Christians Are Winning the Abortion Battle, But Don’t Stop Fighting

Opinion   |   John Stonestreet   |   Sep 14, 2012   |   12:51PM   |   Washington, DC

Last night I spoke at a fundraising banquet for a Northern Virginia Crisis Pregnancy Center. I’m priviledged to speak at a few of these events each year, and it’s a highlight for me. Here’s why: How often can Christians celebrate real cultural wins?

Now, abortion is still legal. And as we’ve discussed many times here on BreakPoint, the HHS Mandate is forcing coverage of it on everyone (not to mention putting religious liberty at risk). But the fact remains that in most places in America not named the Democratic National Convention, abortion is actually unpopular. According to most studies, it’s even more unpopular among younger generations than among older.

There’s no doubt that pro-life apologetics, like that of my friend Scott Klusendorf of Pro-Life Training, is one reason for that. But cultural change requires more than just ideas. Cultural change also requires artifacts and champions. Let me explain.

When abortion on demand was legalized by one very terrible Supreme Court decision, pro-abortion arguments barely mentioned scientific definitions of human life. Rather, the arguments were if abortion is not legal, no one would step up to take care of women caught in unplanned pregnancies. They would be forced to have unsafe, back-alley abortions. Also, the babies born would not be wanted, so they would be subjected to abuse, poverty, or neglect.

While it is now well-known that the numbers claimed for back-alley abortions were inflated, the answer to these arguments wasn’t counter arguments, but actions. You see, the question was: Who’s going to take care of these women and these babies? Are you going to take care of them?

Over the last several decades, thousands of people, mostly Christian women, answered, “Yes, we will.” And they have. In nearly every town in America, women have a place to go when they find themselves in a crisis pregnancy. If they need a shoulder, a car seat, or diapers, they can get them. If they need an ultrasound, advice, a Bible, or a support system, they can find them.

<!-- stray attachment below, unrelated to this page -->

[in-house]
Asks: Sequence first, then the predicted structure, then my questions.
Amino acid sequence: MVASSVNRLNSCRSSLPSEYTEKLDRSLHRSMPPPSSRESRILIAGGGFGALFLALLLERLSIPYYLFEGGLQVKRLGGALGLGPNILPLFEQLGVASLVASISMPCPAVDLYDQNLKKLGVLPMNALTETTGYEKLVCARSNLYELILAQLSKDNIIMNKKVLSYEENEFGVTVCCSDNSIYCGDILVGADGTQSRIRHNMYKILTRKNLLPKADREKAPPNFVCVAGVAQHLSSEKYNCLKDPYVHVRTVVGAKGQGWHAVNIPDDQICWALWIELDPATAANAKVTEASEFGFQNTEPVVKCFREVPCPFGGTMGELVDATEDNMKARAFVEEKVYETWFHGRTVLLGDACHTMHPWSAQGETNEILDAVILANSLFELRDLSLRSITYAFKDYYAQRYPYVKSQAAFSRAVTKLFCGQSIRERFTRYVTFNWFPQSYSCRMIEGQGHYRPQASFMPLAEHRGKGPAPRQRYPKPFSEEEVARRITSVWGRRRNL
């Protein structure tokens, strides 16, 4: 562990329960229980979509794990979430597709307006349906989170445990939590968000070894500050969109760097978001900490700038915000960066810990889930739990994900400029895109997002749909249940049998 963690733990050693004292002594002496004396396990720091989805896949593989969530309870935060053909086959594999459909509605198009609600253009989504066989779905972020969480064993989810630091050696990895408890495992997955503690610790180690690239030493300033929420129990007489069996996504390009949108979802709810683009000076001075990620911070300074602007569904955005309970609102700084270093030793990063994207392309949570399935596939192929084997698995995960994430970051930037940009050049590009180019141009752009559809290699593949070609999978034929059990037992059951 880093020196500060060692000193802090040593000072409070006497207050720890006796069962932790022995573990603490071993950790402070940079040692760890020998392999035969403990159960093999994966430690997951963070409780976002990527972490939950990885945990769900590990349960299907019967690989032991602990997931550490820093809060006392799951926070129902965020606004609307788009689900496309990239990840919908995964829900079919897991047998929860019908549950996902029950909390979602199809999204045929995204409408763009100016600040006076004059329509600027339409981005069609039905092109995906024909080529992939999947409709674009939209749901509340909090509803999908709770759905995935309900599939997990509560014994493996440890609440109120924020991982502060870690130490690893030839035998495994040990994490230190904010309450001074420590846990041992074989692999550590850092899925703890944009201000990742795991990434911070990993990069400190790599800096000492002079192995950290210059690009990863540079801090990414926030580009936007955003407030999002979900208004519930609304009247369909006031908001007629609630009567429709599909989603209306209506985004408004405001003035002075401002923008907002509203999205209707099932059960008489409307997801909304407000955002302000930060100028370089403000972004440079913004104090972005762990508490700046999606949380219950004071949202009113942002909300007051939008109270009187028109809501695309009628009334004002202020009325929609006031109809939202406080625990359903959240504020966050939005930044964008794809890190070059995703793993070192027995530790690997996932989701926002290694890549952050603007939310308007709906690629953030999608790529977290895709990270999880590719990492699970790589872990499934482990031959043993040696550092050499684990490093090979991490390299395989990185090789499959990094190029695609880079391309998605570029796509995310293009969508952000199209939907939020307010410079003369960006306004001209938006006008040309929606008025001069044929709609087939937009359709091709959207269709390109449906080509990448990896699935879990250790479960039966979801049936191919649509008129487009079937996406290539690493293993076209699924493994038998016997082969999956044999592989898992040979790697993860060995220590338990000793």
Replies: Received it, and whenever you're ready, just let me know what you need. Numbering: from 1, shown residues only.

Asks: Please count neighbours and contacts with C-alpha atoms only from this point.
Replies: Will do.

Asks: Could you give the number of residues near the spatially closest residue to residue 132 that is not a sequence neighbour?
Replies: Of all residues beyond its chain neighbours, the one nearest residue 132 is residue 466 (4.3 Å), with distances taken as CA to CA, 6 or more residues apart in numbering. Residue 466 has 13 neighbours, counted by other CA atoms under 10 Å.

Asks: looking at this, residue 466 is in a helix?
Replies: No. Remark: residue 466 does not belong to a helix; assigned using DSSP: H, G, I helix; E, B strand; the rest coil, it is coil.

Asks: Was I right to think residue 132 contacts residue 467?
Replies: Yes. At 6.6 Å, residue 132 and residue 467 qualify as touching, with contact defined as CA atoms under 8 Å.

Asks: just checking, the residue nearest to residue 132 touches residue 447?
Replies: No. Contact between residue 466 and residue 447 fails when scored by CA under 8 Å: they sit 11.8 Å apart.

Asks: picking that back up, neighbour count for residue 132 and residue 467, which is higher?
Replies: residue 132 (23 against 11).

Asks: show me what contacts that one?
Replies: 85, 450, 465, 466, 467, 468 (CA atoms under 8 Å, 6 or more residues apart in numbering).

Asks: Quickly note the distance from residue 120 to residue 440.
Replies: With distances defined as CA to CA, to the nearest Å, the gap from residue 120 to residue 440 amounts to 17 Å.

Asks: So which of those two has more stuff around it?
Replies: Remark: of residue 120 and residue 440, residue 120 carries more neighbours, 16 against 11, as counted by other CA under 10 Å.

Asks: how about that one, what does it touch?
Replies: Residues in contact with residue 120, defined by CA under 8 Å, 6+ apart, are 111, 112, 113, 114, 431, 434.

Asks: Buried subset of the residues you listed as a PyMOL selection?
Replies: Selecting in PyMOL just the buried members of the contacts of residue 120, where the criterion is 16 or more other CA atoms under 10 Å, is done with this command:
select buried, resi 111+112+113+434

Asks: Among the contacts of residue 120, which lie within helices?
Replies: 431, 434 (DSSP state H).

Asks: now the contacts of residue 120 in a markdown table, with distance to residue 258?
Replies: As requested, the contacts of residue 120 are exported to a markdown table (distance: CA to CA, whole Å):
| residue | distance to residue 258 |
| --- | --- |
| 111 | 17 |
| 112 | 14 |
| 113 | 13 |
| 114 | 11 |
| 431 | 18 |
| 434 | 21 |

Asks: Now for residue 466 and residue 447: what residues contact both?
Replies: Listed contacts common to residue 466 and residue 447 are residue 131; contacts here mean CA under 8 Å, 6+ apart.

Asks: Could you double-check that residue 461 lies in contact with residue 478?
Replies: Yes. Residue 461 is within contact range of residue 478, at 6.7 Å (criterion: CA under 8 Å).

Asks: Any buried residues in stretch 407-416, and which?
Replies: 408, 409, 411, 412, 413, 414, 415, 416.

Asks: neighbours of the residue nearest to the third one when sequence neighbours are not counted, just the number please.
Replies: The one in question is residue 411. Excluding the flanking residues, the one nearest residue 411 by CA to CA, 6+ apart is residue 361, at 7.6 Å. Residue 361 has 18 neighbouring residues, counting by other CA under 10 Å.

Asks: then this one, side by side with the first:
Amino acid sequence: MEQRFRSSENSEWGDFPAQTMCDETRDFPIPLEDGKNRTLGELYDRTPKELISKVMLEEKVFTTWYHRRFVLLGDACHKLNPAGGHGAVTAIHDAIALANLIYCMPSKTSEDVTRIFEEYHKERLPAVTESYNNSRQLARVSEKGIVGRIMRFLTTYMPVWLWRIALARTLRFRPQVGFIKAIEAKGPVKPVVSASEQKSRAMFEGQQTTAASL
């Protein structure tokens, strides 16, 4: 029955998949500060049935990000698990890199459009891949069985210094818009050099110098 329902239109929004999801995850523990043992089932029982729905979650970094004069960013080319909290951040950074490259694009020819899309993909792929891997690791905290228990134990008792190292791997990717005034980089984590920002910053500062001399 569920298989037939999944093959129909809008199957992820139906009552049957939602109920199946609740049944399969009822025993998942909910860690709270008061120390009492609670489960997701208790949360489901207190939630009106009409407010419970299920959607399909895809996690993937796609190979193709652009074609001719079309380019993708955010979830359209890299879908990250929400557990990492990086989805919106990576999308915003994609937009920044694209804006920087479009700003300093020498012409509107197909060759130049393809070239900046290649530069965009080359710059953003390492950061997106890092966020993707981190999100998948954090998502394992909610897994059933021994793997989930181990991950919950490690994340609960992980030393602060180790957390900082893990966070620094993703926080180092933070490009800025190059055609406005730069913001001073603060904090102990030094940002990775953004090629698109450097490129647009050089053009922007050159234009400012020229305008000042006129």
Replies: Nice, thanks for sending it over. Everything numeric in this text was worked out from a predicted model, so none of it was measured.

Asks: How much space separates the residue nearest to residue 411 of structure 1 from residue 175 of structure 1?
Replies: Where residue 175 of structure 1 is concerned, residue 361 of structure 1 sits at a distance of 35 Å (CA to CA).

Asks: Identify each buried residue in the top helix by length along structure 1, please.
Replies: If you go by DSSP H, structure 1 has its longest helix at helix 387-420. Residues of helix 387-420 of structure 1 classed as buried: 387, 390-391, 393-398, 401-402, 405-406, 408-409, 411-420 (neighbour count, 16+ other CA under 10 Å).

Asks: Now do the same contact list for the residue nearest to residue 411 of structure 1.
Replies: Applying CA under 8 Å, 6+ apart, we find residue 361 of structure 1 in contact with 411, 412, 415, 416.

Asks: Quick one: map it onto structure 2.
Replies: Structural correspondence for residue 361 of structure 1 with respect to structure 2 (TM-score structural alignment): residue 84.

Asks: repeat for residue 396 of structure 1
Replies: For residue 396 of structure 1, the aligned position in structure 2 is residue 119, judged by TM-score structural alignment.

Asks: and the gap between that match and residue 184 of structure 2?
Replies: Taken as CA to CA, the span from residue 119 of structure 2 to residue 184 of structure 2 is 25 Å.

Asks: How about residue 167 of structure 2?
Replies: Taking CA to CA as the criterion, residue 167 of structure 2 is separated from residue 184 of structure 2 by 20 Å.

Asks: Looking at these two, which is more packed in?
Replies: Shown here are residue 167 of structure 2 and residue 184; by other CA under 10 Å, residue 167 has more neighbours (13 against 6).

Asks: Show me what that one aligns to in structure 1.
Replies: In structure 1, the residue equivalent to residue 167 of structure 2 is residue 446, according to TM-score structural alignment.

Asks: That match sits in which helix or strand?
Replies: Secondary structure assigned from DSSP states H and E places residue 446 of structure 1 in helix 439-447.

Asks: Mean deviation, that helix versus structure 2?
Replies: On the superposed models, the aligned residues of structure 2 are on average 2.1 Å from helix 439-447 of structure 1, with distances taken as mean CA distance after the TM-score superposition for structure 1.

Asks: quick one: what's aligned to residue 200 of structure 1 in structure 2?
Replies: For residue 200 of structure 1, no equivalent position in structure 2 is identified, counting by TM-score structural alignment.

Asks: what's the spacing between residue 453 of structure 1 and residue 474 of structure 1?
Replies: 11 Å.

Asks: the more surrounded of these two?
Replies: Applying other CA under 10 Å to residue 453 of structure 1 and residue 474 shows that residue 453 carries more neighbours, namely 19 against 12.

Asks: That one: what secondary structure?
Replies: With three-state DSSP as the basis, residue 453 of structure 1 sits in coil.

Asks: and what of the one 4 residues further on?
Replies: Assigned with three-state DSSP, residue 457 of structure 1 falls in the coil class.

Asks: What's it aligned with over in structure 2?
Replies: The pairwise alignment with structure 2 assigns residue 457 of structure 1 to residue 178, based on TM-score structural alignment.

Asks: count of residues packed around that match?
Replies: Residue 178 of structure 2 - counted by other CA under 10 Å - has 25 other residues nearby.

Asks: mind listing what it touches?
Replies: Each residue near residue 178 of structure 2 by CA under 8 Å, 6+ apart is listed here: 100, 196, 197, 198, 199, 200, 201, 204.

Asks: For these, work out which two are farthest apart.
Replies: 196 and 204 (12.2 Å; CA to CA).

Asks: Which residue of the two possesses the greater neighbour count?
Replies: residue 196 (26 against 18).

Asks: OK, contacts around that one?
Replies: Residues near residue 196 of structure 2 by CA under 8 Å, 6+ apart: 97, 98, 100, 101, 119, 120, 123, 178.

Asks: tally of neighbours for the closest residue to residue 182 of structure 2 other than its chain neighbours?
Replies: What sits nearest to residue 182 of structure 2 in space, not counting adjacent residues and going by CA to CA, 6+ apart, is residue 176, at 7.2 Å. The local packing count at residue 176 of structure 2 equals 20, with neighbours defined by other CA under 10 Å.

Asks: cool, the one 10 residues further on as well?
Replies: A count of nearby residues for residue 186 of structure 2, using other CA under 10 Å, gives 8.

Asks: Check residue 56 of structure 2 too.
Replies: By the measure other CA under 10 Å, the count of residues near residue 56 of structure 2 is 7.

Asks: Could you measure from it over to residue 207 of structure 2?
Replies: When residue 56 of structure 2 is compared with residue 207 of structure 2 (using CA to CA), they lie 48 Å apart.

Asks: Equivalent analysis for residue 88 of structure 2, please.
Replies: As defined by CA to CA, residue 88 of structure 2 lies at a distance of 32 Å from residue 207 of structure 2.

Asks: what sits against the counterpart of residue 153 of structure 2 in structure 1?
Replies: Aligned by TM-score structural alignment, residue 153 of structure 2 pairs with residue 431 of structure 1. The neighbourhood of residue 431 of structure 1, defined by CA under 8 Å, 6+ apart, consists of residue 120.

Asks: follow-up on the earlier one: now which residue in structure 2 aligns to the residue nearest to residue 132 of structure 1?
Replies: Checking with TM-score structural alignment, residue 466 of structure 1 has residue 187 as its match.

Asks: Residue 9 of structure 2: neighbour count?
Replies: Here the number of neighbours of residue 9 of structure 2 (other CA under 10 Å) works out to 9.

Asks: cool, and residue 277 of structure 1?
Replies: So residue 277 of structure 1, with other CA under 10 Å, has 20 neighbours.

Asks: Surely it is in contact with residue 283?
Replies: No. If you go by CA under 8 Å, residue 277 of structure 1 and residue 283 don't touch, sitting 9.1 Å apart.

Pro-life women, a group of champions, created safe places. And these places are tangible cultural artifacts that embody the ideas of the pro-life movement. Now there’s lots more work to be done. These centers must continue to be excellent, honest, careful, and the advice they offer must be sound, thoughtful, and loving. If they do, their contribution to changing this culture of death will be huge.

In his excellent book “Culture Matters,” my friend T. M. Moore describes this as “forging new culture.” Historically, Christians have always done more than merely critique or complain about the culture; they created culture. Using things like books, institutions, laws, medicine, or inventions they embeded better ideas into the society around them. And, like the Crisis Pregnancy Center movement, they often did it courageously, in the face of great opposition.

Over the last four weeks in my YouTube series on culture, I’ve discussed using culture courageously in quick, 2- to 3-minute teaching videos. You can find this “Two-Minute Warning” series by going to and clicking on this commentary. Send it to your pastor, post it on Facebook, or use it in your small groups or at the family dinner table as discussion fodder.



Chuck Colson thought that applied Christianity had the best solutions for the world’s brokenness, specifically for the growing prison population. And when Eric Metaxas talked about Chuck’s idea of restorative justice recently on BreakPoint, he really struck a nerve with our listeners. This weekend on “BreakPoint this Week,” I sit down with Jim Liske, CEO of Prison Fellowship, and we talk about this idea of restorative justice. I hope you’ll be listening.

And remember, when it comes to culture, we’ve not only things to say, but things to do.

LifeNews Note: John Stonestreet writes for BreakPoint, a Christian worldview ministry that seeks to build and resource a movement of Christians committed to living and defending Christian worldview in all areas of life.